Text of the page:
Fission vs. Fusion – Instant Egghead #5

Fusion and Fission are cousins, the ying and yang of nuclear physics. Both turn matter into energy using
the most famous equation in all of science E=mc2 The equation tells us that matter
can turn into energy and when it does, it gets multiplied
by the speed of light squared a very big number both fusion and fission
convert a little bit of matter into a lot of energy so how do they differ? Fission means to come apart Imagine a tablet of alka-seltzer
dissolving in a glass of water Fusion happens when atoms come together when two become one In both cases, we end up
with a little less mass than what we started with, that missing mass,
multiplies by c squared to become E. In Fission, the fission happens on its own. Radioactive elements such as uranium
and plutonium split apart without any proding from us. This makes fission
relatively easy to control. It’s why it’s used in all existing
nuclear power plants Unfortunately, the stuff that uranium
and plutonium fisses into is toxic and radioactive, creating the by-product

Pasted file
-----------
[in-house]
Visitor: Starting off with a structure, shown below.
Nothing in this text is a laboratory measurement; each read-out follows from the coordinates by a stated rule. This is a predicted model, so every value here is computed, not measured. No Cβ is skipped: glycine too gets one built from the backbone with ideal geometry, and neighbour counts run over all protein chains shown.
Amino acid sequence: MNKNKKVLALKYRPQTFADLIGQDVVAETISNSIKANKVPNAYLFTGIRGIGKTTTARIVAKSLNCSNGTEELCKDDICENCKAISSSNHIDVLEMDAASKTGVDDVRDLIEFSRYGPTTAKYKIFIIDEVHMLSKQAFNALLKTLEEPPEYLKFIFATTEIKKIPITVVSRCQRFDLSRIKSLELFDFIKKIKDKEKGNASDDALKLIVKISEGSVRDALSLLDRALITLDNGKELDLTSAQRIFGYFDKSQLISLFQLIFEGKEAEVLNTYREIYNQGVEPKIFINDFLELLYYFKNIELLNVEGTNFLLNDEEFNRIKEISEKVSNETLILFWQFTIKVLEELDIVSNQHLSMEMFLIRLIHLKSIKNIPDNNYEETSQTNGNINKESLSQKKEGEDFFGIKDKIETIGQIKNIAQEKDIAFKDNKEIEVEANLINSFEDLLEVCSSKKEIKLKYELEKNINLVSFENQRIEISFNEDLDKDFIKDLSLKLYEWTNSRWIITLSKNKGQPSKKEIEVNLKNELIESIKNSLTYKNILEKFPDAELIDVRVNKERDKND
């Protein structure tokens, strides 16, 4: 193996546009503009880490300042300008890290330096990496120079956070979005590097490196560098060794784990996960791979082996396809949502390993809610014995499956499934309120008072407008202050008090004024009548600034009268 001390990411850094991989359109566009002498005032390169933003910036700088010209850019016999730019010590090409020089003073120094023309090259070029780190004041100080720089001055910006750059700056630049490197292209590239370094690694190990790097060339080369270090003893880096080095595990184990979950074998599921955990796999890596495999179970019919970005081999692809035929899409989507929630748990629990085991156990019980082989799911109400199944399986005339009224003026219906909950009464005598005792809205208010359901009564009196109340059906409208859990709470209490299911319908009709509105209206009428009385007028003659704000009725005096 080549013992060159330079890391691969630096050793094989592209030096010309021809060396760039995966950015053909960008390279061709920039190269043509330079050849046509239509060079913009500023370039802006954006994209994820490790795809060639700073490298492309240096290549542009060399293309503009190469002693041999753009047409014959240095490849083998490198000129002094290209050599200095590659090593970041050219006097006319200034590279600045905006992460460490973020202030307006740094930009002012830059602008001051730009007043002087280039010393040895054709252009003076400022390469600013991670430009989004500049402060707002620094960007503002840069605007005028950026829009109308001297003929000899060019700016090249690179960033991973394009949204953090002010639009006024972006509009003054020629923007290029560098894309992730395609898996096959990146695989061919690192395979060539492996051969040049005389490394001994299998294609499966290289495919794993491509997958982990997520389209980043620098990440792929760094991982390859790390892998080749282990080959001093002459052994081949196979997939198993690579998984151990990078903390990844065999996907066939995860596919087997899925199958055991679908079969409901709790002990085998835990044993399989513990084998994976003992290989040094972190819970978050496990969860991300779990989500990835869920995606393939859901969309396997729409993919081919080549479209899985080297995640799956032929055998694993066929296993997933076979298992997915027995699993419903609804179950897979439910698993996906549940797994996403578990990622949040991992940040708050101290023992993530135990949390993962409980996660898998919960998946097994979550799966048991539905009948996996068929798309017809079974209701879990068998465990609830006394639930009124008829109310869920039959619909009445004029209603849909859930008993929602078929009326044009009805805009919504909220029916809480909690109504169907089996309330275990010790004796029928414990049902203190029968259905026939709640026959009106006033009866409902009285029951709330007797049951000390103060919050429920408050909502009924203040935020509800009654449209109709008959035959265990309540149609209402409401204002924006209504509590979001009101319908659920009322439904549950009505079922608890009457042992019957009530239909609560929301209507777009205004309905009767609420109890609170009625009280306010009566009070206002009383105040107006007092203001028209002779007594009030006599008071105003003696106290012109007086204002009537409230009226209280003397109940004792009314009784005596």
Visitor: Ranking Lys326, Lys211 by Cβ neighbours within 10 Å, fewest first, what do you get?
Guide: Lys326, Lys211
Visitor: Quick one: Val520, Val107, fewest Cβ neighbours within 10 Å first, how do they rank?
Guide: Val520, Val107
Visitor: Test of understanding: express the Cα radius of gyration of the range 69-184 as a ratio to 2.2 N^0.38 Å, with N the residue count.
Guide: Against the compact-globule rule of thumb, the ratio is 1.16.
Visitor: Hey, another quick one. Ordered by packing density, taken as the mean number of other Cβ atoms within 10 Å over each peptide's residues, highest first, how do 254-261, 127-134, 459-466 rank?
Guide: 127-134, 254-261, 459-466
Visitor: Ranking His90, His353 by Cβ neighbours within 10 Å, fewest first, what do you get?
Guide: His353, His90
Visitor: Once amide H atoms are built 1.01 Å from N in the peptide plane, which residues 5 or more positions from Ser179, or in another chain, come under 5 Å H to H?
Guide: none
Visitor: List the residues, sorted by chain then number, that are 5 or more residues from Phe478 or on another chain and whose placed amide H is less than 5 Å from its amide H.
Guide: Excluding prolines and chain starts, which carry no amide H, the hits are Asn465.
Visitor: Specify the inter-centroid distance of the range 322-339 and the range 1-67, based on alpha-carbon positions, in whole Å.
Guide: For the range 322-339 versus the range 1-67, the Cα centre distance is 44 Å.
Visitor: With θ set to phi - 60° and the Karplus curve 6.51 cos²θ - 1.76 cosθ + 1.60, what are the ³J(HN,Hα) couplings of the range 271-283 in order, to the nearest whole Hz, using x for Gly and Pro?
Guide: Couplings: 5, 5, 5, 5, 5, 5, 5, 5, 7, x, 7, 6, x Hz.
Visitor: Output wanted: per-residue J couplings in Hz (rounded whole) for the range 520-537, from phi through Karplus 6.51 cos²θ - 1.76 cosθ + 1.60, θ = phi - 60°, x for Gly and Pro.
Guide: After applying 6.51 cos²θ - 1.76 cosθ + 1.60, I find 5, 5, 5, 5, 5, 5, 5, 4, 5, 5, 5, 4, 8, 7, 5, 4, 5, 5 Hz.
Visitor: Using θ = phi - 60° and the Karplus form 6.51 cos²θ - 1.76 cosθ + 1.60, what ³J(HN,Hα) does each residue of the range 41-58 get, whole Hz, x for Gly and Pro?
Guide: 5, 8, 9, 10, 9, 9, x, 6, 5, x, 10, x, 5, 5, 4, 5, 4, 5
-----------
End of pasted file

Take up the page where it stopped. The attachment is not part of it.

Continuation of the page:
that we call nuclear waste Fusion is cleaner and more powerful,
but it’s much more difficult to achieve It requires slamming hydrogens ions together
with such incredible violence that they overcome the repulsive forces
pushing them apart As a result, they fuse into helium Today, fusion only happens in places
with incredible temperatures and pressures, like the center of the sun or a hydrogen bomb But scientists are trying
to squeeze hydrogen atoms together with powerful magnetic fields
or laser beams allowing us to control the fusion reaction
and extract its energy. Yet all the squeezing takes
a lot of energy, much more than we’ve been able
to get out of the process Because of this,
the first fusion power plants are decades, if not centuries away. Until then, fission has the only mc squared
we’ll be able to use for energy For Scientific American´s
Instant Egghead, I’m Michael Moyer